Since Saint Irene had dedicated herself to Christ, she refused to marry any of the suitors her father had chosen for her. When king Licinius learned that his daughter refused to worship the pagan gods, he was furious. He attempted to turn her from Christ by having her tortured. She was tied up and thrown beneath the hooves of wild horses so that they might trample her to death, but the horses remained motionless, instead of harming her, one of the horses charged Licinius, seized his right hand, and tore it from his arm. The horse then knocked Licinius down and began to trample him. Saint Irene demanded to be untied, and through her prayers, Licinius her father was unharmed with his hand still intact.

Seeing such a miracle, Licinius, his wife, and over 3,000 others professed Christ and turned from the pagan gods. Resigning his administrative duties, Licinius devoted himself to the service of the Lord Jesus Christ. Saint Irene lived in the house of her teacher, Apellian, and began to preach Christ among the pagans, converting them to the path of salvation.

When Sedecius, the new Prefect of the city, heard of this miracle, he summoned Apellian and questioned him about Irene's life. Apellian replied that Irene, like other Christians, lived in strict temperance, devoting herself to prayer and reading holy books. Sedecius summoned Irene, urged her to stop preaching about Christ, and attempted to force her to sacrifice to the idols. Saint Irene staunchly confessed her faith before the prefect, not fearing his wrath, and prepared to suffer for Christ.

By order of Seducius, she was thrown into a pit filled with vipers and serpents. Saint Irene spent ten days in the pit and remained unharmed with an Angel of the Lord protecting her and bringing her food. Sedecius ascribed this miracle to sorcery, and subjected Saint Irene to many other tortures. However, she remained unharmed. Under the influence of her preaching and miracles even more people were converted to Christ and turned away from the worship of idols.

Soon, Sedecius was overthrown by his son, Savorus, who persecuted Christians with an even greater zeal than his father. Saint Irene traveled to her hometown of Magedon in Persia to meet Savorus and his army to ask him to end the persecutions. When he refused, St. Irene prayed and the entire army was blinded. She prayed again and they received their sight once more. In spite of this, Savorus refused to recognize the power of God. Because of his insolence, he was struck and killed by a bolt of lightning.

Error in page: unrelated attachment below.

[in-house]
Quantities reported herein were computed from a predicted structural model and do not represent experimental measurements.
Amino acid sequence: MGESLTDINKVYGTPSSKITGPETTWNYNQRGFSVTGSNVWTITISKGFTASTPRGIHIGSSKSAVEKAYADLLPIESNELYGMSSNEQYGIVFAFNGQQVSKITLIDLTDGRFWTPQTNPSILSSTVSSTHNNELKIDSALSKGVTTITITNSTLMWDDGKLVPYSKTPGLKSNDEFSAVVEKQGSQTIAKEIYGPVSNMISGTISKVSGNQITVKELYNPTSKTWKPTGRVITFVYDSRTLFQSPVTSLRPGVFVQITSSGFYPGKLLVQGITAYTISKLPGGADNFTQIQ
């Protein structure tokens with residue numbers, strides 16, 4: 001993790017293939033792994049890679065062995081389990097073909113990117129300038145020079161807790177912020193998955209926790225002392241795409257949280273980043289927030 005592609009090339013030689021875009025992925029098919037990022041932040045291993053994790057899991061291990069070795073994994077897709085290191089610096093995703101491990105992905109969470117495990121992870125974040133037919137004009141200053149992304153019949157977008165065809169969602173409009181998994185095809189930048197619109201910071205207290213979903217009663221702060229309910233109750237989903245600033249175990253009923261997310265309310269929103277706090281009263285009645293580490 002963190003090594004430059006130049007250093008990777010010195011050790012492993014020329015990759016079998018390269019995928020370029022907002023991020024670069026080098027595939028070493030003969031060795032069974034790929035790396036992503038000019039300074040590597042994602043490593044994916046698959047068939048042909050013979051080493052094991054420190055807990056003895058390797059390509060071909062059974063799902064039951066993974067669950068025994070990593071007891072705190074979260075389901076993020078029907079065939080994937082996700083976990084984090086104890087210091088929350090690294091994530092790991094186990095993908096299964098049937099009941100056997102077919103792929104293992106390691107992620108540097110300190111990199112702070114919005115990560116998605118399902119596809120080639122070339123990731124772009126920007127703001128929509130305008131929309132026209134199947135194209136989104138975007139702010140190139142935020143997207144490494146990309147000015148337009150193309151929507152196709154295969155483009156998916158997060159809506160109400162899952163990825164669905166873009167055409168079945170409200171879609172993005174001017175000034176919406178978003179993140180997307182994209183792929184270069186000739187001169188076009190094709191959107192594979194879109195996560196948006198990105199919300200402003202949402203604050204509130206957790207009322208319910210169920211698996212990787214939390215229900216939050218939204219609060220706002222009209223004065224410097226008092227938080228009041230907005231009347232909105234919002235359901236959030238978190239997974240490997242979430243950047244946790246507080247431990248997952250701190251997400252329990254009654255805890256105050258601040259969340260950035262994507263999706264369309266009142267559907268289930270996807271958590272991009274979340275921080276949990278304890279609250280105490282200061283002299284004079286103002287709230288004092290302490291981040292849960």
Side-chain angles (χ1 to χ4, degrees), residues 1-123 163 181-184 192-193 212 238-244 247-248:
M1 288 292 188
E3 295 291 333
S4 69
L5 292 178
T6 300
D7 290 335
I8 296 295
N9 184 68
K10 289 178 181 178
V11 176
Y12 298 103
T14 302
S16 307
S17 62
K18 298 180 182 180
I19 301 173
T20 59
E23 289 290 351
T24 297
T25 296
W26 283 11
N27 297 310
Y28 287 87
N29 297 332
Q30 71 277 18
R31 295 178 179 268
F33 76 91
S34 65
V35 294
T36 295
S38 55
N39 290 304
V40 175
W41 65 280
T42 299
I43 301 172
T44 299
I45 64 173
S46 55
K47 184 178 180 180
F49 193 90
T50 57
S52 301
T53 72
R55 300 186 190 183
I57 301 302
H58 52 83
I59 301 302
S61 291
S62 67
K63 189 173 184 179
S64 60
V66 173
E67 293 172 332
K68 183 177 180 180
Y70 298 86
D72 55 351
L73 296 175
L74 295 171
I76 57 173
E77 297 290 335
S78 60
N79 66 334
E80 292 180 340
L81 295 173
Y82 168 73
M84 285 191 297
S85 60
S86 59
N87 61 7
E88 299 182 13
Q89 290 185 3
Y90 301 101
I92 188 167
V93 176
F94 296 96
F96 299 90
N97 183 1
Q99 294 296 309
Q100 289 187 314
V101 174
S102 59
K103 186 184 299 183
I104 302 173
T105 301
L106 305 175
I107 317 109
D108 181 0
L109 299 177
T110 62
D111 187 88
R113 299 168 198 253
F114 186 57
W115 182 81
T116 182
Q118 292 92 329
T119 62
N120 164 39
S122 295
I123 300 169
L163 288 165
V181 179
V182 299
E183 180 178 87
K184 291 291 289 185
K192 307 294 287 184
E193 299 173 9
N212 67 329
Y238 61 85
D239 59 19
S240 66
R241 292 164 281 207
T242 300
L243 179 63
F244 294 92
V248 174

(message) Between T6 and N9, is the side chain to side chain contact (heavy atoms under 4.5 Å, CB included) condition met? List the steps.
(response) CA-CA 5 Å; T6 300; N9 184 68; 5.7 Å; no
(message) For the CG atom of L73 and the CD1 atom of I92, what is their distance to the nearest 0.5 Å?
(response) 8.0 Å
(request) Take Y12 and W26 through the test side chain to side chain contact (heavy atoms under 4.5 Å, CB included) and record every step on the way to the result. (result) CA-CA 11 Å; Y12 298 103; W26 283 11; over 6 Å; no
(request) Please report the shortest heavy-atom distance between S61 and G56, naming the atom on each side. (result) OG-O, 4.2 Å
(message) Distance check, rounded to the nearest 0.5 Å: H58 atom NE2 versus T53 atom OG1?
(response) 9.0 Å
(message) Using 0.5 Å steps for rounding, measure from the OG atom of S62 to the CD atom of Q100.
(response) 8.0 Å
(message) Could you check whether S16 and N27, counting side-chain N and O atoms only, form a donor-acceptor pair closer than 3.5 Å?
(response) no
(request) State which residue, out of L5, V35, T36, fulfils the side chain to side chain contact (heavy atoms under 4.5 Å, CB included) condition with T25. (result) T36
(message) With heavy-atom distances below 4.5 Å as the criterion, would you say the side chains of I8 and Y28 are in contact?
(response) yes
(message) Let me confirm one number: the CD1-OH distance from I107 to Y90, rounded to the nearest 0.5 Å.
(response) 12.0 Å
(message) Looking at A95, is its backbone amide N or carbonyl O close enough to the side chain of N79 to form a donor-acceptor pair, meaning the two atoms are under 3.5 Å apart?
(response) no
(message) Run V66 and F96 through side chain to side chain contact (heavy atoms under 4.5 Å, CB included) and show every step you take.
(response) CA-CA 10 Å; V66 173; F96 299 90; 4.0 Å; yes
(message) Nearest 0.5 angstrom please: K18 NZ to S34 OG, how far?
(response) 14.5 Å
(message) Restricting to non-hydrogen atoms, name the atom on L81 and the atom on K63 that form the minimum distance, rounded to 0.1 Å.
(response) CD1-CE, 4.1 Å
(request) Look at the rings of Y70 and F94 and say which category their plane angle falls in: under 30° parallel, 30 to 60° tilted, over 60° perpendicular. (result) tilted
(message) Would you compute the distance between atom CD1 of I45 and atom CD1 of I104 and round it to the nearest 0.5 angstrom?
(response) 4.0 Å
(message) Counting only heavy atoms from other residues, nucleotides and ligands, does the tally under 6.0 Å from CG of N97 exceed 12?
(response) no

After this, Saint Irene walked into the city and performed many miracles. She returned to the tower built by her father, accompanied by the priest Timothy. Through her teaching, she converted 5,000 people to Christ.

Later, Saint Irene traveled to the city of Callinicum (on the Euphrates River in Syria). King Numerian, the son of Sebastian, was the ruler. When St. Irene began to teach about Christ, she was arrested and tortured by the pagan authorities. She was placed into three bronze ovens which were heated by fire. She was transferred from one to another, but miraculously remained uninjured. Thousands of idolaters embraced Christianity as a result of this wondrous event. King Numerian instructed his men to continue torturing the Saint in order to force her to sacrifice to idols. Once again, the tortures were ineffective, and many people turned to Christ.

Saint Irene then traveled to the city of Constantina, forty miles Northeast of Edessa. By 330, Persian king Sapor II had heard of St. Irene's great miracles. To prevent her from winning more people to Christ, Sapor ordered that she be arrested, beheaded, and then buried. However, God sent an Angel to raise her up again, and she then traveled to the city of Mesembria. After seeing her alive and hearing her preach, the local king was baptized along with many of his subjects.

Wishing to convert even more pagans to Christianity, Saint Irene traveled to Ephesus, where she taught and performed many miracles. At this place, the Lord revealed to her that the end of her life was approaching. Saint Irene left the city accompanied by six people, including her former teacher, Apellian. On the outskirts of the town, she found a new tomb in which no one had ever been buried. After making the Sign of the Cross, she went inside, directing her companion to close the entrance to the cave with a large stone. When Christians visited the cave four days later, the body of Saint Irene was nowhere to be found.